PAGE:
By Farai Kuvirimirwa
Tollgate fees are likely to increase after the construction of new state-of-the-art toll plazas on the country’s highways that has started with a pilot project along the Bulawayo-Harare highway.
Zimbabwe National Road Administration spokesperson Mr Augustine Moyo yesterday said the new fees would be in line with improved conditions at the toll plazas. “The US$1 charged on small vehicles will be sub-economic and we are likely to increase the current fees,” he said.
The new tollgates, which feature modern security systems, will first be erected along the Plumtree-Mutare Road at a minimum cost of US$1 million each. The first tollgate is expected to be completed by end of the year, while the expansion projects should be done within three years.
The first tollgate is at the 17-kilometre peg along the Bulawayo-Harare highway. “The first tollgate in the Infralink project between Zinara and Group Five is moving in a positive direction,” said Mr Moyo.
“We are at 20 percent of the progress on the whole singular project. We expect the project to be completed and fully functional by December 31. From there, we will kick start other projects until we reach Mutare.”
Group Five is the main contractor, which sub-contracted to JR Goddard.
JR Goddard then sub-contracted local Bulawayo companies that will do the brickwork and electrification of the new toll plazas. Mr Moyo said the toll plazas would have four ways, with passenger vehicles and heavy trucks using separate routes.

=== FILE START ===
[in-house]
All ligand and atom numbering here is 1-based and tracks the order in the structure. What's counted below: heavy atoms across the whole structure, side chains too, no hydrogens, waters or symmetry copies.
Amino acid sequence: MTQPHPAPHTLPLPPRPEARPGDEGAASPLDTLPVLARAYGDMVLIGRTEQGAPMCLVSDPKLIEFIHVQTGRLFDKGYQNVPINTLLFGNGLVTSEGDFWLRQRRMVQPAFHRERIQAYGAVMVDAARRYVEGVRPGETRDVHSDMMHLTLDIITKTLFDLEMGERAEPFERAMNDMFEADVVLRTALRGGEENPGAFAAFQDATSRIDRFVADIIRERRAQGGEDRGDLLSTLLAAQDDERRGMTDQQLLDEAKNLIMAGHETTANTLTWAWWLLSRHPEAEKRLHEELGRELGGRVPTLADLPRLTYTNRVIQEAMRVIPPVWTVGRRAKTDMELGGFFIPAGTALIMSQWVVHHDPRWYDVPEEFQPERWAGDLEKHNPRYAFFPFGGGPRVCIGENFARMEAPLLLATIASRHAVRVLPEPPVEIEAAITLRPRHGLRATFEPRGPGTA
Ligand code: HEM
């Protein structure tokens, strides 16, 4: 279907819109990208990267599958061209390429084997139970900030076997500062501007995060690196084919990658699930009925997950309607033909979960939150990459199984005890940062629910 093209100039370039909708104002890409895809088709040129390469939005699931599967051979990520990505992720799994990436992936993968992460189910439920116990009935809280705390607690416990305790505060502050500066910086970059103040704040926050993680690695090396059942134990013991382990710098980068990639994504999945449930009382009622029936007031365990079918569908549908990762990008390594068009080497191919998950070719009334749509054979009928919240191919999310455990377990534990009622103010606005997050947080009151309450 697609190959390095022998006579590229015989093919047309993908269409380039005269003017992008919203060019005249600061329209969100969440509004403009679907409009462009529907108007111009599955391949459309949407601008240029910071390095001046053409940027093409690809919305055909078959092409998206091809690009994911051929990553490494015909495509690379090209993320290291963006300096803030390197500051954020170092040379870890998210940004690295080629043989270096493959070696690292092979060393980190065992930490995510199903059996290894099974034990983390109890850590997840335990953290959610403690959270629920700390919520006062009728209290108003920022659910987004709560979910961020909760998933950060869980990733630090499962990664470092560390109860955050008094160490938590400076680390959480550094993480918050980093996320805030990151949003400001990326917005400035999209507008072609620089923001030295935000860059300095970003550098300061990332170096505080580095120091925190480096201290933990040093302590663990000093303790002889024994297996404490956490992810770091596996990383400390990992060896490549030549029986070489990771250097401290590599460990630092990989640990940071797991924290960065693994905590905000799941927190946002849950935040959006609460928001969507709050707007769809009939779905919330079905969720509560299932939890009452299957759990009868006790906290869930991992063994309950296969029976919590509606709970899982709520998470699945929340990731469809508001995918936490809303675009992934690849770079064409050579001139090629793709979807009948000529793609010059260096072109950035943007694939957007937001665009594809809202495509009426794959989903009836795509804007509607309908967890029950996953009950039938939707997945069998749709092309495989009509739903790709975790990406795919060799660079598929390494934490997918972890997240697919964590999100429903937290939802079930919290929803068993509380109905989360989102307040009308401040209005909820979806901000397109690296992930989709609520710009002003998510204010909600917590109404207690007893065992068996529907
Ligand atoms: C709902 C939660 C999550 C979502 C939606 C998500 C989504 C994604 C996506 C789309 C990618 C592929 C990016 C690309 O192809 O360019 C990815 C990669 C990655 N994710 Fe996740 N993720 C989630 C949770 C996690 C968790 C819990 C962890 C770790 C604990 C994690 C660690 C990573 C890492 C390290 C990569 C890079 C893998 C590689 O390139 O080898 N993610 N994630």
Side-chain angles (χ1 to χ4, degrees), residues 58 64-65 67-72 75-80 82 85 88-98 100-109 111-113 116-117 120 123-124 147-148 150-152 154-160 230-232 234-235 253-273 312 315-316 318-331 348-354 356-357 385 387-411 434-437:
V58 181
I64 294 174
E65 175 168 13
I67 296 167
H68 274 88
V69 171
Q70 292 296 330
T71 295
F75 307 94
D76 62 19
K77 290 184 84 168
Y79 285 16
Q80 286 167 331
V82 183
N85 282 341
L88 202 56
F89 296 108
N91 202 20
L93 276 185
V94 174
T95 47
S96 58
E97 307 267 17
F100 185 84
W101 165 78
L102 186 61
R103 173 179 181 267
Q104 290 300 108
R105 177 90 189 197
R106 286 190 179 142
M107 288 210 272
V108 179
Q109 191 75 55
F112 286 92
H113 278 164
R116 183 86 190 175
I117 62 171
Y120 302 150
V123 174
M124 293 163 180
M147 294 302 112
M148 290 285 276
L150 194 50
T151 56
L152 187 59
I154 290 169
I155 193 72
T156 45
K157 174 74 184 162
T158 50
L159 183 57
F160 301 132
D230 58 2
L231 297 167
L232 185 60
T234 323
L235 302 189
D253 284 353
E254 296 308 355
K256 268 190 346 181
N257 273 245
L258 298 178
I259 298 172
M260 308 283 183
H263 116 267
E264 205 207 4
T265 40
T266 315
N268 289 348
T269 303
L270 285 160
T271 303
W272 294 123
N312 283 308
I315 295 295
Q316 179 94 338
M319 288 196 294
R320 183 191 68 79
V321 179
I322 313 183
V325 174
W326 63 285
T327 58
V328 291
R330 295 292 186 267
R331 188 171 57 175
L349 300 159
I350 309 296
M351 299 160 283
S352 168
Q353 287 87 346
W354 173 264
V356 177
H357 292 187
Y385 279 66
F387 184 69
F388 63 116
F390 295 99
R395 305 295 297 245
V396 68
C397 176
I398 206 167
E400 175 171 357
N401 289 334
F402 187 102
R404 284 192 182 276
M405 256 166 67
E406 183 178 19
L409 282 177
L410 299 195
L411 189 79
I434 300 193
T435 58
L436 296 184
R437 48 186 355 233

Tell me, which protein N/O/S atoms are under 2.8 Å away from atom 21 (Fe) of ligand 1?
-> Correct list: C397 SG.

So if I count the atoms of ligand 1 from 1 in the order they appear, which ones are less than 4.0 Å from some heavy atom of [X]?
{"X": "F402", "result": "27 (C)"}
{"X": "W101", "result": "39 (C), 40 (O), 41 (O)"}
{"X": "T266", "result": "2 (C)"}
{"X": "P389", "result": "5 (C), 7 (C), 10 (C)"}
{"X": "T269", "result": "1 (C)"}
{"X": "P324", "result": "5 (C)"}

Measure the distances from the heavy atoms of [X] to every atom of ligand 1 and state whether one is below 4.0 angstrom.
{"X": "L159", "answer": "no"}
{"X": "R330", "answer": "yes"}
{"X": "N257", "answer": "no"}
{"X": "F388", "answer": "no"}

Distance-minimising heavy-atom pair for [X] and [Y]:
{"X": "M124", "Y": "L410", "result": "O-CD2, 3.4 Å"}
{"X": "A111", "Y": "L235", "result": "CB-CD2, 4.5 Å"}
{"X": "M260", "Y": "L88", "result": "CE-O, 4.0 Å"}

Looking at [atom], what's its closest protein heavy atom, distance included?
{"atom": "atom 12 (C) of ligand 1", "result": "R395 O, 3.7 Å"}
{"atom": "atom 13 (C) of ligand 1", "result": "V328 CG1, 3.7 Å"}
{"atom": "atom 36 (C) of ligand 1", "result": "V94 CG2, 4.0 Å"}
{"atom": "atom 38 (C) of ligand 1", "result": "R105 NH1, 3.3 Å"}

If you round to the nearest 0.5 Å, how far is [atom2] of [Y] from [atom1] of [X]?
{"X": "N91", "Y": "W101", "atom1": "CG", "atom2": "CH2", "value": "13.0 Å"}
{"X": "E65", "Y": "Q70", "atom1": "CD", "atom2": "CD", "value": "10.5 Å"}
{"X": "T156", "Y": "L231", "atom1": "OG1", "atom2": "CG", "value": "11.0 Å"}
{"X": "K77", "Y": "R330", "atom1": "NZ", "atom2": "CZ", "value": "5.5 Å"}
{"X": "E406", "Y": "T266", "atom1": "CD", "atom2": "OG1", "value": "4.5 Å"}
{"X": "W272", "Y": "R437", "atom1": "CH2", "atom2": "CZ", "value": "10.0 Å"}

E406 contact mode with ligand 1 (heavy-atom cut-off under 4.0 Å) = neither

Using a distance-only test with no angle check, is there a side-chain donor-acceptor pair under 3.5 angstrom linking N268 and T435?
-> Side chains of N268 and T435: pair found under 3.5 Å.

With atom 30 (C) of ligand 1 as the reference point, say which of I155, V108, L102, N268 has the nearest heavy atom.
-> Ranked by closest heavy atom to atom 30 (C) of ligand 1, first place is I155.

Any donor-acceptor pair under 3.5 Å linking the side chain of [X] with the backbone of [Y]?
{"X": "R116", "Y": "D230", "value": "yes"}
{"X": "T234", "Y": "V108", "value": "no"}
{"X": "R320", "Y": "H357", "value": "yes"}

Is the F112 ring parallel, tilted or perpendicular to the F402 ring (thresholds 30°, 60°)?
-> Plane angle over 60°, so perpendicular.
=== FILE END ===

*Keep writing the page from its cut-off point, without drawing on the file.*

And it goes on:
“The toll plazas will be found on the Infralink project which will stretch from Plumtree to Mutare and there will be nine toll plazas in total on the route,” said Mr Moyo.
“The new toll plazas will comprise high security features which will curb leakages of revenue we have been having at the current tollgates.”
Mr Moyo said next to the toll plazas would be control booths which would supply back-up facilities at all times.
“Impact attenuators and concrete barriers at the toll plazas will ensure more safety to cashiers from motorists. Detours for abnormal trucks will have tarmac surfaces as compared to the current set up,” he said.
“Traffic lights will be fitted on the new toll plazas and they will control traffic at any given time of the day. Given there is congestion in a specific direction, one passage will be opened to enable motorists to proceed without delays.”
Mr Moyo said Zinara would retain 13 percent of the Zimbabwe Revenue Authority workers at the tollgates. “Government vehicles will not pay, but we have been encountering problems where most government vehicles now have yellow number plates,” he said.
“When such a situation arises, proper identification particulars will be produced which will do away with the abuse of exemptions that were being done by some members of society.” Mr Moyo said Zinara would roll out exemption tickets to certain sectors and offer credits to senior Government offices.
The new tollgates will replace those in existence that have been condemned by the Ministry of Transport, Communications and Infrastructure as substandard.
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